A friend recommended Neal Stephenson to me with the caveat that I would want to start with one book and, if not avoid, treat the other without the rose-tinted lenses of hype that color it. The books he named were the two most popular on Goodreads: Snow Crash
Flash forward to a used bookstore two weeks later. Both books staring at me from the sf/fantasy shelves. I didn't have my phone and I wanted something genre to read today
. I couldn't remember which one I was supposed to check out first. Turns out I picked right.Snow Crash
is set in a near-future where an exhausted Federal government has ceded much of its land to private corporations and other interests. Housing developments - roads - prisons - government agencies and military - the mafia - you name it, all act as separate political entities and much of business carries on through the Metaverse. The Metaverse is the three-dimensional internet with a whole coded world separate from reality. Its beginning to have real-life impact. Hiro Protagonist and Y.T. have stumbled onto a conspiracy that threatens the stability of what's left in America (and, why not, the world) whose means have roots stretching back to the Babylonians and Sumer.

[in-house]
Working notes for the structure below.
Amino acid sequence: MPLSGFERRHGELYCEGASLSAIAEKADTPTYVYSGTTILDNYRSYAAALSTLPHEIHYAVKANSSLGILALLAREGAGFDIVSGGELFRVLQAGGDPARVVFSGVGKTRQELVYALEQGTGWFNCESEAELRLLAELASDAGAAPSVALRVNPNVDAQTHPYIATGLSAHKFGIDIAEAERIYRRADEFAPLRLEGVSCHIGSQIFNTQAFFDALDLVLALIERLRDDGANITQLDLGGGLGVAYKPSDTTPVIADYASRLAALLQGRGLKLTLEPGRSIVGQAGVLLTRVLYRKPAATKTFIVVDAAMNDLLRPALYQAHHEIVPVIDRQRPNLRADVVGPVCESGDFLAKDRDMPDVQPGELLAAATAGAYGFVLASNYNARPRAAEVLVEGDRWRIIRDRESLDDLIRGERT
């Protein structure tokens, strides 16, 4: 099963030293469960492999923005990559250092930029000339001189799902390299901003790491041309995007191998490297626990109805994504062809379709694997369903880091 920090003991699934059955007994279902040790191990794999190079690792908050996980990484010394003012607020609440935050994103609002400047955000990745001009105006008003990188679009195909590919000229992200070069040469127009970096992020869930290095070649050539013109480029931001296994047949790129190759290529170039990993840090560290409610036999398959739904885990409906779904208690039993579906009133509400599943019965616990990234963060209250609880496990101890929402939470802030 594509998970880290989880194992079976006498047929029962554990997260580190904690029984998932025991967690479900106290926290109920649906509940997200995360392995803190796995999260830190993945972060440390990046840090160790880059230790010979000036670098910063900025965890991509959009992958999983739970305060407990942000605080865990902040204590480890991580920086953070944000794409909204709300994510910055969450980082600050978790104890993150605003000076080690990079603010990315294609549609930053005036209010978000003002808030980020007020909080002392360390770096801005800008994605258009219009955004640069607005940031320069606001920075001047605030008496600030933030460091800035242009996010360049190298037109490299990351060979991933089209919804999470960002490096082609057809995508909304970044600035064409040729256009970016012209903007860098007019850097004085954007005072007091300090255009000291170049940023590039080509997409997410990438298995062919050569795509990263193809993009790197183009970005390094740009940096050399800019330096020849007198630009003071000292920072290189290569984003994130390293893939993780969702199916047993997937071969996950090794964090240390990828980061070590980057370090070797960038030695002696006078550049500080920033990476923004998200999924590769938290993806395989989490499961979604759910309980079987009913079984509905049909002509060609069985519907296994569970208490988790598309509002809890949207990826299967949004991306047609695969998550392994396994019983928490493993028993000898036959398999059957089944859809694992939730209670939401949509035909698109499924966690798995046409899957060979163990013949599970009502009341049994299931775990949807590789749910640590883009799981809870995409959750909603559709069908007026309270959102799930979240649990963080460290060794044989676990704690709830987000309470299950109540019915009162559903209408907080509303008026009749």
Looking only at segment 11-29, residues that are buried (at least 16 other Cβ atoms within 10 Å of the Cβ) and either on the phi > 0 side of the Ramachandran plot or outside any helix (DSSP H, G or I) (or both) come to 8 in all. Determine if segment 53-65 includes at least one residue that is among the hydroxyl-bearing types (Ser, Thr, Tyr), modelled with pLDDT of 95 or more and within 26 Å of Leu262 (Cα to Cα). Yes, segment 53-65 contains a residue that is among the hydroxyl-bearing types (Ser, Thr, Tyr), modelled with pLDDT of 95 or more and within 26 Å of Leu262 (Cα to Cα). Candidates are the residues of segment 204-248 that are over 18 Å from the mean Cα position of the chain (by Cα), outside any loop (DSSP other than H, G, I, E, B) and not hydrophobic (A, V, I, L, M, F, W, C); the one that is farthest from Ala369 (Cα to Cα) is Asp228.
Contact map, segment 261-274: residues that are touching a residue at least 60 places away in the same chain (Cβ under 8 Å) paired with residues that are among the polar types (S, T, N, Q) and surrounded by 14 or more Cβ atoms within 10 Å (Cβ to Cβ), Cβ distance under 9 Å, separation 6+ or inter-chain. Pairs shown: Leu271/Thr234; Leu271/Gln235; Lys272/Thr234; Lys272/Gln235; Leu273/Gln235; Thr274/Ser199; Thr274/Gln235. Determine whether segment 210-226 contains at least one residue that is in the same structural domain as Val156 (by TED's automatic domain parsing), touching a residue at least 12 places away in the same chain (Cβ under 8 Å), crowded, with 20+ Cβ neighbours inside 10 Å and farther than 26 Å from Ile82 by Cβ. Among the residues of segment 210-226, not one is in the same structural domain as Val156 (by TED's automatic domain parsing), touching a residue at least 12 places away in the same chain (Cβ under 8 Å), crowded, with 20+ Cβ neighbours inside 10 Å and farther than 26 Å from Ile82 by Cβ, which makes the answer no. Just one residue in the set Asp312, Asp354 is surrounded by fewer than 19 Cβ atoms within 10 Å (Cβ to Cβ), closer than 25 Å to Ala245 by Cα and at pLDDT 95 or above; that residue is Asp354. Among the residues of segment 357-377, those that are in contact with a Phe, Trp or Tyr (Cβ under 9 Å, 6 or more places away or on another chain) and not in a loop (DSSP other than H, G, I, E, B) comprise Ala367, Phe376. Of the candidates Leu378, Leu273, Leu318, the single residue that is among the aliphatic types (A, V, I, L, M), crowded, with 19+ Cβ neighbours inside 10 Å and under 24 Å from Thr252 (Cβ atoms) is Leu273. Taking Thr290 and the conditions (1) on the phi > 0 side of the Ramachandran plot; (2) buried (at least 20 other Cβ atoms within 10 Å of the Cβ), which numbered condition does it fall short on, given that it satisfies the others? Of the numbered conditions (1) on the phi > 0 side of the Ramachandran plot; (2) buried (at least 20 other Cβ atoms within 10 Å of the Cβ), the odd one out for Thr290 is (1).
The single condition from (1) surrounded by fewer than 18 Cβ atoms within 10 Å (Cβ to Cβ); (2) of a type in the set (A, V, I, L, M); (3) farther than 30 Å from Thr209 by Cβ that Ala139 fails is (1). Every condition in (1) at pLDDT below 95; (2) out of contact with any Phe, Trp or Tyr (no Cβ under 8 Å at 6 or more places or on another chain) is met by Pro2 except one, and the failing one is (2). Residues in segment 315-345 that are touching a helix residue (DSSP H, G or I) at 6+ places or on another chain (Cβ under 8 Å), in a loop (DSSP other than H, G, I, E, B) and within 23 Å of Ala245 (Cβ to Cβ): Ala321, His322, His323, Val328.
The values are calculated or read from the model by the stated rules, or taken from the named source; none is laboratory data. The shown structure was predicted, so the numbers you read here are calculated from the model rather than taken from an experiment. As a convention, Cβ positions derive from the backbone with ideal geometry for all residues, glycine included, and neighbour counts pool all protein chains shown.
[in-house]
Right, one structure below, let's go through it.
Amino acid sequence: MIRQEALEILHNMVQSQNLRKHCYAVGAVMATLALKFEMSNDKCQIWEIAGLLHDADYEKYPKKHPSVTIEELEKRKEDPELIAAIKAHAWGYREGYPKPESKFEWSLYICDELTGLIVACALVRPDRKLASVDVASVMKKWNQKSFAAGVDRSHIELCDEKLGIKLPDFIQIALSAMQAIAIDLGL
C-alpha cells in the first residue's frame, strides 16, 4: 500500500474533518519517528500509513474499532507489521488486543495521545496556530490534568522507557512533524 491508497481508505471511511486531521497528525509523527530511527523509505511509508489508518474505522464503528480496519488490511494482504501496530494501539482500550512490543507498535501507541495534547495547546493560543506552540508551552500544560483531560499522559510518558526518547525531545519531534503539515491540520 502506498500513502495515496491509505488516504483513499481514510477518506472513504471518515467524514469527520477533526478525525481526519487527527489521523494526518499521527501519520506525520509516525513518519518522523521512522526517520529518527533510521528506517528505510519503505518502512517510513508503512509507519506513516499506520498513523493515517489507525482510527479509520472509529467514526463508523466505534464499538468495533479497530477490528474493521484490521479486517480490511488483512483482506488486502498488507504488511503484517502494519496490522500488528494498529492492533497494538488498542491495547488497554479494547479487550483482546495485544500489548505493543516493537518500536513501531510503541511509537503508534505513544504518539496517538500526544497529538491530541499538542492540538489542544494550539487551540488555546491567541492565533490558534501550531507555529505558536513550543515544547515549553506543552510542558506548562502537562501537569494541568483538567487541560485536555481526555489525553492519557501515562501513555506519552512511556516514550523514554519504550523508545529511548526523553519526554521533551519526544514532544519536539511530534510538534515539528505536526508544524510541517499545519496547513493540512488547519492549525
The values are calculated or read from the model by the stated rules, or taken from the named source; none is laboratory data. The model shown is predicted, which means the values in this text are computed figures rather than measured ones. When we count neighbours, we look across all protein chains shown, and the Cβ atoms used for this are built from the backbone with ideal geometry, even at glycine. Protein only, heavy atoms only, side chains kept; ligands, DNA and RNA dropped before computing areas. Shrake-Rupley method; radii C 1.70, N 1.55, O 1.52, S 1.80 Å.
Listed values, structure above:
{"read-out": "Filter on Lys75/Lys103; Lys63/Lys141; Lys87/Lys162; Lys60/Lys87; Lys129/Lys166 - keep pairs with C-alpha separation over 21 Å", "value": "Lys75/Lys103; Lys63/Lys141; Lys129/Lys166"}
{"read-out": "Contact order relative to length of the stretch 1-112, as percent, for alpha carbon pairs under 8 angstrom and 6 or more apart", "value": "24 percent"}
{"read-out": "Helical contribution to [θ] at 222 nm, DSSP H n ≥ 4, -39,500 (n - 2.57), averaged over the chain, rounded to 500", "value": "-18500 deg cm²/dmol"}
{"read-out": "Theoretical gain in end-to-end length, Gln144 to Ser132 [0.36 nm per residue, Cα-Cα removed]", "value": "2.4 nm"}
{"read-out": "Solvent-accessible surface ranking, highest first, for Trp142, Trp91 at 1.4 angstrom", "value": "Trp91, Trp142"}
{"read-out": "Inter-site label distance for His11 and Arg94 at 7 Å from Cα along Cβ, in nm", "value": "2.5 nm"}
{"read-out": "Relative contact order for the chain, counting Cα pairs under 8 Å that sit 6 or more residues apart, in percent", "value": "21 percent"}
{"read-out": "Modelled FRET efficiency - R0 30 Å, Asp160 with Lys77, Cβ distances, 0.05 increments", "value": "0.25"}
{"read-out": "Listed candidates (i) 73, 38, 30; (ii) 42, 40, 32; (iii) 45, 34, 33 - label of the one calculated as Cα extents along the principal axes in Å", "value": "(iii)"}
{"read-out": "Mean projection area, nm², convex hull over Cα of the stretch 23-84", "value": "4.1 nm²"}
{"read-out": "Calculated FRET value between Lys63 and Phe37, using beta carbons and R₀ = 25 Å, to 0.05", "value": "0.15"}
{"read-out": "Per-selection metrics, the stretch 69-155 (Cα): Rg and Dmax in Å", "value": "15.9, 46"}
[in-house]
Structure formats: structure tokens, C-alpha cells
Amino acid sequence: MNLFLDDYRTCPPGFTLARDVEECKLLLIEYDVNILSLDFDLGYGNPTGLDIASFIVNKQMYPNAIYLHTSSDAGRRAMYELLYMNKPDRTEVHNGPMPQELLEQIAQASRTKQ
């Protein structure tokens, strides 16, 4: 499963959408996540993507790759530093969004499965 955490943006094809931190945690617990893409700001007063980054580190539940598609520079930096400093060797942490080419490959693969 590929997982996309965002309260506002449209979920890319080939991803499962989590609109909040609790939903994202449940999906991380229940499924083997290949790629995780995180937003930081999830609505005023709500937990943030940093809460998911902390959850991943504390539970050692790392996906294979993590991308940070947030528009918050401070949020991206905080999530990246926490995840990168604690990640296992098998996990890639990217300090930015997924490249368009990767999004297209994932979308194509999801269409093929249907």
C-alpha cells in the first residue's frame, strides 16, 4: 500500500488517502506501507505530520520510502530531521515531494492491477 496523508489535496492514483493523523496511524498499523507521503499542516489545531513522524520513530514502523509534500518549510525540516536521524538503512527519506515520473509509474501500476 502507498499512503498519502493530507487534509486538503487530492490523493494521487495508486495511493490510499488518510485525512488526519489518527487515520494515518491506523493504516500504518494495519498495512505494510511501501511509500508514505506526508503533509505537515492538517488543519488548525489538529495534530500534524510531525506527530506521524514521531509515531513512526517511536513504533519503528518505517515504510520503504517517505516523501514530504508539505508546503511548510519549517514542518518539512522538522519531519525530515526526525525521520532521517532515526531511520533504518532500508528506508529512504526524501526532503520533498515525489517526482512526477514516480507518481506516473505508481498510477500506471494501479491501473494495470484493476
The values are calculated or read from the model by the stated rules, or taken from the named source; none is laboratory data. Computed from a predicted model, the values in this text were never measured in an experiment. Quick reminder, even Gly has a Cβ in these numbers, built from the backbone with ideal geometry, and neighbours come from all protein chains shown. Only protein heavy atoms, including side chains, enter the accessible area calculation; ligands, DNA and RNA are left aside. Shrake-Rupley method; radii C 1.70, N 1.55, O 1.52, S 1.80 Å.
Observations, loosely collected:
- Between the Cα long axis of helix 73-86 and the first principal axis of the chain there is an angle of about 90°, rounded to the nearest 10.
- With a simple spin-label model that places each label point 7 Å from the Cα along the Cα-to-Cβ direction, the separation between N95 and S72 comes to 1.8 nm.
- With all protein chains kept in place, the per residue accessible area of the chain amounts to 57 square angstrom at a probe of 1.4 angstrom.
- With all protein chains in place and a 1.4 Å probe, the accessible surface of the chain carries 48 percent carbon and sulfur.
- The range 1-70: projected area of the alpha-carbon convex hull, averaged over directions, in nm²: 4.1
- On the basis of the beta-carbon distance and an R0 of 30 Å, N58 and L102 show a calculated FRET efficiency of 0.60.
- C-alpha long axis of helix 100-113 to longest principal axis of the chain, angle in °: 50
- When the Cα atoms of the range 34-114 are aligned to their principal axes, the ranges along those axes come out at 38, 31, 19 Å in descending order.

Many of the aspects of this novel have become well-worn tropes and scads and scads of pages are devoted to articulating the dense historical evidence and theory behind the Snow Crash virus. It all felt fresh, it was like the lingering taste of those adolescent Shadowrun and Mercedes Lackey crossovers had finally washed out of my mouth. I loved it and wanted there to be more. The characters, Hiro especially, don't hold up to reader scrutiny, but the plot was so good I can't fault the book for the drones that moved it forward. The problem I had was the ending of the book precisely at the moment when there could have been some payoff for following the characters.